Measuring CVD Risk

October 3, 2016
Rheumatology Network Staff

Polish researchers writing in the journal Reumatologia outline algorithms used to assess cardiovascular disease risk in rheumatoid arthritis, PsA and AS patients.

Polish researchers writing in the journal Reumatologiasay there is a need for a new algorithm to assess cardiovascular disease in rheumatoid arthritis patients.

But this is easier said than done, they write. Rhematologists, cardiologists and general practitioners need to agree on screening methods and perhaps on a rheumatoid arthritis specific calculator.

Cardiovascular disease (CVD) in rheumatoid arthritis (RA) patients is complex. A clear link exists between inflammation, lipid metabolism and cardiovascular disease.

What is poorly understood is the connection between treatments for RA and CVD, the authors write. Some studies, including QUEST-RA, show that methotrexate and sulfasalazine are associated with a reduced prevalence of cardiovascular events. And, the debate on whether disease-modifying anti-rheumatic drugs (DMARDs) and biologics contribute to or lessen CVD risk, remains controversial, wrote Krzysztof Bonek and Piotr Gluszko, of the National Institute of Geriatrics, Rheumatology and Rehabilitation in Poland. The article appears in the July 18 issue of the journal.

“It is necessary to consider the new guidelines presented in the USA in 2013 by the American College of Cardiology/American Heart Association (ACC/AHA). Their CV risk estimation method is based on a new Poled Cohort Equation formula,” the authors wrote.

The authors of the study highlight and evaluate some of the most commonly used CVD-risk calculators. 

CVD Risk Calculators

  • The authors highlighted a more recent cardiovascular risk calculator, “the Expanded Cardiovascular Risk Prediction Score for Rheumatoid Arthritis (ERS-RA),” which is based on the CORRONA registry, a cohort of 23,605 patients with rheumatoid arthritis. But it has some limitations:  a relatively short follow-up time of 10 years and its lack of extensive imaging diagnostics.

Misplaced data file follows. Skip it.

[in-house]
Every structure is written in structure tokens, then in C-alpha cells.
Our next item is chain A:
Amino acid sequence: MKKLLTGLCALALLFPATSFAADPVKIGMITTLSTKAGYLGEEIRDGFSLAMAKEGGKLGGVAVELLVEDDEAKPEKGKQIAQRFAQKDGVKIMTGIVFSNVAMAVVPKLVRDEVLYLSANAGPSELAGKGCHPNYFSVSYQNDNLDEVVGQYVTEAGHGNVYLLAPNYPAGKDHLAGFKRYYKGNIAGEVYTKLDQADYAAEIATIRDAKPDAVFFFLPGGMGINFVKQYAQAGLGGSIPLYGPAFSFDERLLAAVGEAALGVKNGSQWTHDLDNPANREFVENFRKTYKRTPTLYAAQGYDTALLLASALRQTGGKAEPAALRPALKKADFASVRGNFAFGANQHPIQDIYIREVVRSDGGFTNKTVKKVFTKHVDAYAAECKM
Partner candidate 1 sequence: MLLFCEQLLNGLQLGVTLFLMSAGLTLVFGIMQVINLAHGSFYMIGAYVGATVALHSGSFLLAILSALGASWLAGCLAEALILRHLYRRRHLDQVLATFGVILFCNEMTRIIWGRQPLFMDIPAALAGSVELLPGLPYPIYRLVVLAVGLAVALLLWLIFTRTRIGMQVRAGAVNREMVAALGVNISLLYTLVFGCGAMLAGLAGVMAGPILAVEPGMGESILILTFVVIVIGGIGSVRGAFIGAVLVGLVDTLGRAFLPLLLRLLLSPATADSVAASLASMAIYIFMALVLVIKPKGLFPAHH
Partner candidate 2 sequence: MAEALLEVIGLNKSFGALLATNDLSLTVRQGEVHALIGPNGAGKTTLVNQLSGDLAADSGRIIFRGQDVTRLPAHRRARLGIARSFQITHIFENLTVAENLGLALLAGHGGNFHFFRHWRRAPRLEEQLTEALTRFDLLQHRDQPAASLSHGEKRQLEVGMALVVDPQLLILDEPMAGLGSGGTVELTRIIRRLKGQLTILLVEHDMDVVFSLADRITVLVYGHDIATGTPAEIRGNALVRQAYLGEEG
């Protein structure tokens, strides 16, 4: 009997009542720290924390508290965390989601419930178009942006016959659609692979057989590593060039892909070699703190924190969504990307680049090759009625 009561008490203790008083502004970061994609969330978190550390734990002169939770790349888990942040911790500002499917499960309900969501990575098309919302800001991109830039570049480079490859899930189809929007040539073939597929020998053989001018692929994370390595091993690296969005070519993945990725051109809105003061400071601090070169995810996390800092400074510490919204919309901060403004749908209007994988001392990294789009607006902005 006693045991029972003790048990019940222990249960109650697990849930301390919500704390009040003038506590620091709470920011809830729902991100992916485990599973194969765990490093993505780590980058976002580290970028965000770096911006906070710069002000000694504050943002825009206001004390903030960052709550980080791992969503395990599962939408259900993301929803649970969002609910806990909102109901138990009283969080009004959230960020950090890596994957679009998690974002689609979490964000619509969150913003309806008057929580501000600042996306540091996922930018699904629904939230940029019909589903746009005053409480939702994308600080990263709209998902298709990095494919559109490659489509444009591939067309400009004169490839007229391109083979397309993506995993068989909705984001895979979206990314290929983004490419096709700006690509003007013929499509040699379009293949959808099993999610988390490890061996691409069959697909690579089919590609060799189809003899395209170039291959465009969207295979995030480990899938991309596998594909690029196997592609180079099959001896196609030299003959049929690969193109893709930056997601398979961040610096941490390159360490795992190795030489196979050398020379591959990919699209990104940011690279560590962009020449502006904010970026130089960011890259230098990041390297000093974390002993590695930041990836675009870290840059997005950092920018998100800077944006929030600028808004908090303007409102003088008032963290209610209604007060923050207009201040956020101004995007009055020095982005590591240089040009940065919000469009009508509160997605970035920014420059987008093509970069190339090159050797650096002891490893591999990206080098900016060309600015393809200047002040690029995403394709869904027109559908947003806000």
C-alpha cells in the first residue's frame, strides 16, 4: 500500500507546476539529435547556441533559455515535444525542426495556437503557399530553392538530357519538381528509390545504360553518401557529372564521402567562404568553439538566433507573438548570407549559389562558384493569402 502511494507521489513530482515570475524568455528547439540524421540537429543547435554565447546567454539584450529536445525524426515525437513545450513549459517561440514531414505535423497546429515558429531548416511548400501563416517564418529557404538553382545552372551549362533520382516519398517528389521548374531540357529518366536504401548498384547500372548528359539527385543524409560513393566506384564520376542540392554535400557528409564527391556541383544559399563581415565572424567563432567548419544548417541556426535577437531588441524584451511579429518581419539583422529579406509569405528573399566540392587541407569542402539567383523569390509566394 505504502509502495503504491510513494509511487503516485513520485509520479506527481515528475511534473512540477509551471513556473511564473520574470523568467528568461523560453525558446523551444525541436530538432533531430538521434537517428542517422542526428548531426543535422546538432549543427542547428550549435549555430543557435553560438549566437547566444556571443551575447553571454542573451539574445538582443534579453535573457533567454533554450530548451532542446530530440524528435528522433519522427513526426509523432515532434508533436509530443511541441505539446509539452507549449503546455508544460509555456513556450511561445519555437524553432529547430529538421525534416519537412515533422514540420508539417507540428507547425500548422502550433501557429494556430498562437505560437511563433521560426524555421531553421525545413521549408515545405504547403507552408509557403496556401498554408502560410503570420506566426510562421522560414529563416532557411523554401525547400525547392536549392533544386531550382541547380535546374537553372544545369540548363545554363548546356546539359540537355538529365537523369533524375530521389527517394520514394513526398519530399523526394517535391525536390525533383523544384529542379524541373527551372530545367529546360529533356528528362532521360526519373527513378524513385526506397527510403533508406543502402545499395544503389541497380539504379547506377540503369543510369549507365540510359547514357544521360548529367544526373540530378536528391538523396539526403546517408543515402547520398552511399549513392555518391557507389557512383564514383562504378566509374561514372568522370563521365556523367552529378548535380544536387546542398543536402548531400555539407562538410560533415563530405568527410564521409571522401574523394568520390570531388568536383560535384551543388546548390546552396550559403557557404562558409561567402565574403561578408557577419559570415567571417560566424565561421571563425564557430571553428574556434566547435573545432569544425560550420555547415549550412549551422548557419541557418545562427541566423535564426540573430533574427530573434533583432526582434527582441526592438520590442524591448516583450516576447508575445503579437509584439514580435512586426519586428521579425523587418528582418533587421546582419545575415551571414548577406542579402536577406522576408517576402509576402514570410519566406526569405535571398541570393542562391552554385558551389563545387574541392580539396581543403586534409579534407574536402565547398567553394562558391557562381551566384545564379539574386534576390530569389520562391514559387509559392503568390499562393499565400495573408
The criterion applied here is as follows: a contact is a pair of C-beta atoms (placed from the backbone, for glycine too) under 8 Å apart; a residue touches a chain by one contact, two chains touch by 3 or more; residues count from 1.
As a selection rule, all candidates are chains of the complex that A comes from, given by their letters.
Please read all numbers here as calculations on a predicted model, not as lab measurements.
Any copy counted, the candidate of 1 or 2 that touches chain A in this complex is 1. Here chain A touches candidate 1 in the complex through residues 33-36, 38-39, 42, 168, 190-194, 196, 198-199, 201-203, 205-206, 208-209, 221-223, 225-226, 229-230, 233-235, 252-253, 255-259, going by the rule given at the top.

• The Reynolds Risk Score is a risk calculator based on traditional risk factors and a myocardial ischemia patient family history; and, high sensitivity C-reactive protein (hs-CRP) levels in women.
  • The Framingham Heart Score (FRS) was published in 1998 owing to large studies. There are two variants: The first is based on a 30-year risk and the second is used to evaluate the 10-year risk of the end event.
  • The PROCAM calculator was developed as a follow- up to the Prospective Munster Heart Study (PROCAM) in Germany. The PROCAM calculator is used to assess the 10-year risk of heart attack (fatal and non-fatal) and sudden death.
  • A new calculator, ATACC-RA, is in development. It uses a mathematical model based on nearly 8 years of observation of a cohort of 3,176 patients in the primary prevention of cardiovascular events.

The List:  CVD Risk Assessment

The European League Against Rheumatism (EULAR) recently highlighted key factors physicians should consider in evaluating patients with rheumatoid arthritis, ankylosing spondylitis (AS) and psoriatic arthritis (PsA) for CVD risk. “They also pointed out the need to create a new RA-focused cardiovascular risk calculator, stating that the current methods of cardiovascular risk assessment are maladjusted,” the authors wrote.

The EULAR group stated that:

  • Reducing disease activity in this group of patients can reduce CVD risk.
  • RA and AS patients have a higher CVD risk due to both traditional risk factors and active inflammation.
  • Assess CVD risk every five years.
  • Many medical societies recommend the use of the Systematic Coronary Risk Evaluation (SCORE) equation, but rheumatoid arthritis has not been included in the algorithm itself.
  • Apply the ratio of total cholesterol (TC) and high-density lipoprotein (HDL) levels. Test lipid parameters in remission or during stable disease activity. 

  • The final risk calculator score should be the risk score multiplied by a coefficient of 1.5, but only if RA is not a parameter taken into account. “As SCORE and Framingham Risk Score (FRS) were created for the general population, the EULAR experts recommend multiplying cardiovascular risk in RA patients by 1.5 if patients have two out of three factors: anti-CCP or RF positivity or RA progression over 10 years or presence of extra-articular symptoms. This coefficient, based on assessment of risk of death of patients with RA compared with the general population risk, is widely criticized, pointing to the ineffectiveness of the above modification to cardiovascular risk assessment,” the authors wrote.
  • NSAIDs in patients with CVD should be prescribed in RA and PsA patients with caution, but they can be used as first line treatment in AS unless contraindications coexist.
  • Use the lowest possible dose of corticosteroids. Strive to reduce corticosteroid intake after achieving low disease activity.
  • Emphasize healthy diet, regular physical activity and smoking cessation.

  • Use carotid ultrasound to search for atherosclerotic plaques.

 

References:

Bonek K, Głuszko P. “Cardiovascular risk assessment in rheumatoid arthritis – controversies and the new approach.” Reumatologia/Rheumatology r. 2016;3:128-135. DOI:10.5114/reum.2016.61214.